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Vision Changes Worth Looking At

March 28, 2023   |   Jim Scott   |   Vision Loss, Blog
Headshot of Jim Scott Alliance Board of Directors Chairman.
James “Jim” G. Scott, chair of the Alliance for Aging Research Board of Directors.

Sometime after our 40th birthdays, most of us will get a wake-up call about our vision. For many, it announces itself in the form of mild headaches and having to move reading material a bit farther away to make out the fine print. The common name for this condition is, of course, farsightedness. The medical name is presbyopia. Either way, it means that the loss of flexibility that we are experiencing in other parts of our body is also impacting our vision. When we are young, the lens in each eye can move nimbly to bring things into focus. As we age, that lens loses flexibility and can’t move quite so quickly to focus on close-up images.

If I am starting to sound like a medical professional, that of course is not the case. But one of my many benefits of being associated with the Alliance for Aging Research has been learning about the variety of conditions we may encounter as we age. A recent Harris Poll found that while more than four in five Americans think they are knowledgeable about eye and vision health, less than one in five can correctly identify the three main causes of blindness in the U.S. Until recently, I was certainly one of the more than 80 percent who was overconfident about what I might face as I age. While presbyopia may alert us to the vulnerability of our eyes as we age, few of us are aware of other risks and the steps we need to protect our vision.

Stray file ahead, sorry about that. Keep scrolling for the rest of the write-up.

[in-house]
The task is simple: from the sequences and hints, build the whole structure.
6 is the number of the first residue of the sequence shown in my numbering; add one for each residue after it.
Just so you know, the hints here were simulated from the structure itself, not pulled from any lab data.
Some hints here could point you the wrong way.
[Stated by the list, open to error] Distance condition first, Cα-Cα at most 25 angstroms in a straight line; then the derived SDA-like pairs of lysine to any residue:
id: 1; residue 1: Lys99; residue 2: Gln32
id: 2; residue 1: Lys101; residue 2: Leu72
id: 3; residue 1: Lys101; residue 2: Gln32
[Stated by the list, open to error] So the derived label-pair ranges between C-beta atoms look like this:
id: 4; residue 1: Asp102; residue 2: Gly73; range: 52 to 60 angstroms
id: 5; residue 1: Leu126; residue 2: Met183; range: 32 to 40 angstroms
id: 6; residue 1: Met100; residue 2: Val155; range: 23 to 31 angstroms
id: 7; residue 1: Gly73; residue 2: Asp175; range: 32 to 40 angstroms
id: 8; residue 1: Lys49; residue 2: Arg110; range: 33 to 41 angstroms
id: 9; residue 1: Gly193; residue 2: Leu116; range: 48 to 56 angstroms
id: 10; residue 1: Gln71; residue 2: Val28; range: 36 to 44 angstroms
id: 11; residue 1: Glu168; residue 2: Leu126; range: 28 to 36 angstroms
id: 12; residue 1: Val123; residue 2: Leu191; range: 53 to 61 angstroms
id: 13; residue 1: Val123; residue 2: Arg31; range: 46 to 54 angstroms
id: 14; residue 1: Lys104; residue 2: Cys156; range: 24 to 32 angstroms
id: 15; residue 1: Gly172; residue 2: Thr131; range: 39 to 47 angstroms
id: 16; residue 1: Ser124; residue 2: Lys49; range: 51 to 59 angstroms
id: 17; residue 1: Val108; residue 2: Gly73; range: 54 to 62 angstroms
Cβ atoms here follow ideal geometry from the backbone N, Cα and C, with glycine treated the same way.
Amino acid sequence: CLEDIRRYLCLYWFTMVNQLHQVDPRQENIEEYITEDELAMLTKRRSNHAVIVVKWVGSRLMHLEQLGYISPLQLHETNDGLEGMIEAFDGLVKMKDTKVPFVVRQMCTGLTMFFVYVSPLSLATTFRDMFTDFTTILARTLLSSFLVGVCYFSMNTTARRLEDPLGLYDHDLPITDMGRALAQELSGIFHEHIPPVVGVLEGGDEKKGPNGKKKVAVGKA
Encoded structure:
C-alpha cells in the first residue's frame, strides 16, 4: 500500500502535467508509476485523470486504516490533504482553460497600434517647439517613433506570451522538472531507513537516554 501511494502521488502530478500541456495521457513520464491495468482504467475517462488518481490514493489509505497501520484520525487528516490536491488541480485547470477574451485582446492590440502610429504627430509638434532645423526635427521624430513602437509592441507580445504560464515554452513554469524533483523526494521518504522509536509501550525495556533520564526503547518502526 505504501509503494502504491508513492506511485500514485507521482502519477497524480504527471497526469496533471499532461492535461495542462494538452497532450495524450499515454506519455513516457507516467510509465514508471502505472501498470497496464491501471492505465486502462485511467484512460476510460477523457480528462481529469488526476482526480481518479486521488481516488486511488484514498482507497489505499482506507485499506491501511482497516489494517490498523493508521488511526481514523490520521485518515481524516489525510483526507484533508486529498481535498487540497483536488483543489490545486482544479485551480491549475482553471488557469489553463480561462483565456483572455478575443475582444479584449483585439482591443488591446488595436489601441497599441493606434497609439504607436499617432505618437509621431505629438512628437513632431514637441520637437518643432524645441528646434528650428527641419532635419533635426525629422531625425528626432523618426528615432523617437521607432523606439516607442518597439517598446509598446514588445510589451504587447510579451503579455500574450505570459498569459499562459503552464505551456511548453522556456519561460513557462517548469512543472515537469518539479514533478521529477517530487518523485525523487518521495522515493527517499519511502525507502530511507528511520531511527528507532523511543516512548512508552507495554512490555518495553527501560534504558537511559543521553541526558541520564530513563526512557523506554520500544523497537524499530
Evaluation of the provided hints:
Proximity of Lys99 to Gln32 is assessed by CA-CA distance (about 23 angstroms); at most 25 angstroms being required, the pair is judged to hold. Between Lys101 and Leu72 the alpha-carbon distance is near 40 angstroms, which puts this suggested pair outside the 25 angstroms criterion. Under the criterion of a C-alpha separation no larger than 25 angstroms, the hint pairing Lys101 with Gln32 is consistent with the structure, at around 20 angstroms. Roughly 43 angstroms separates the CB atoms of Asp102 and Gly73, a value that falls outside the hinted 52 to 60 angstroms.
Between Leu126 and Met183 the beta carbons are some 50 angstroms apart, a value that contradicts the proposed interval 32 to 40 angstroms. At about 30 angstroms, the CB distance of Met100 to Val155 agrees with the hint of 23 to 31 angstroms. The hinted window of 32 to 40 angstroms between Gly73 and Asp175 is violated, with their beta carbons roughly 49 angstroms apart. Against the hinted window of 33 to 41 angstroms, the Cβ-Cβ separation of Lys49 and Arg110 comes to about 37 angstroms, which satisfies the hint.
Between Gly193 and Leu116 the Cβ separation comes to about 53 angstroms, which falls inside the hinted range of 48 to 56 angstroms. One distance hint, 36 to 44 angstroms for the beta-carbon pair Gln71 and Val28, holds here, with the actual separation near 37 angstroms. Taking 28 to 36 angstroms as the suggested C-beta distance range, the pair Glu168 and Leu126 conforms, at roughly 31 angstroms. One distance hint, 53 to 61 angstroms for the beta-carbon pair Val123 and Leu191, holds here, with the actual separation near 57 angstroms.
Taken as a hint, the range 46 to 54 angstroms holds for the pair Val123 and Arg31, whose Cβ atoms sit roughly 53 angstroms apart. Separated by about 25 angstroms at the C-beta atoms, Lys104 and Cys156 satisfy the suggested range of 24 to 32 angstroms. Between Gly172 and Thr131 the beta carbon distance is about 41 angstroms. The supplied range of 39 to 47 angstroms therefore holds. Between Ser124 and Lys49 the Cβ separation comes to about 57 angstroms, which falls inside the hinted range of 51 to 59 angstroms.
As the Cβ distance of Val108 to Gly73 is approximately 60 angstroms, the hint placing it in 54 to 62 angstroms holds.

The three main causes of blindness in the United States are, in fact, glaucoma, age-related macular degeneration, and diabetic eye disease. All of these conditions, as well as cataracts, are exacerbated by age. Just as important, the impact of all of these conditions can be greatly lessened by rigorous monitoring and treatment.

Vision loss can have far-reaching effects on an individual beyond functional limitations, including dependency, depression, and risk of death. Limited vision can greatly increase the risk of falling which is the leading cause of injury for seniors.

The Alliance is working on your behalf to improve the experience of aging and health. Our website contains a wealth of information about your vision as you age, and how you can protect it and slow the progress of vision-related disease. We’re your guide to the experience of aging, and we want to be your partner in preserving your eye health.

As the American Optometric Association’s Save Your Vision Month comes to a close, check out our recently updated brochure, “Taking a Closer Look at Age-Related Macular Degeneration” to learn more.

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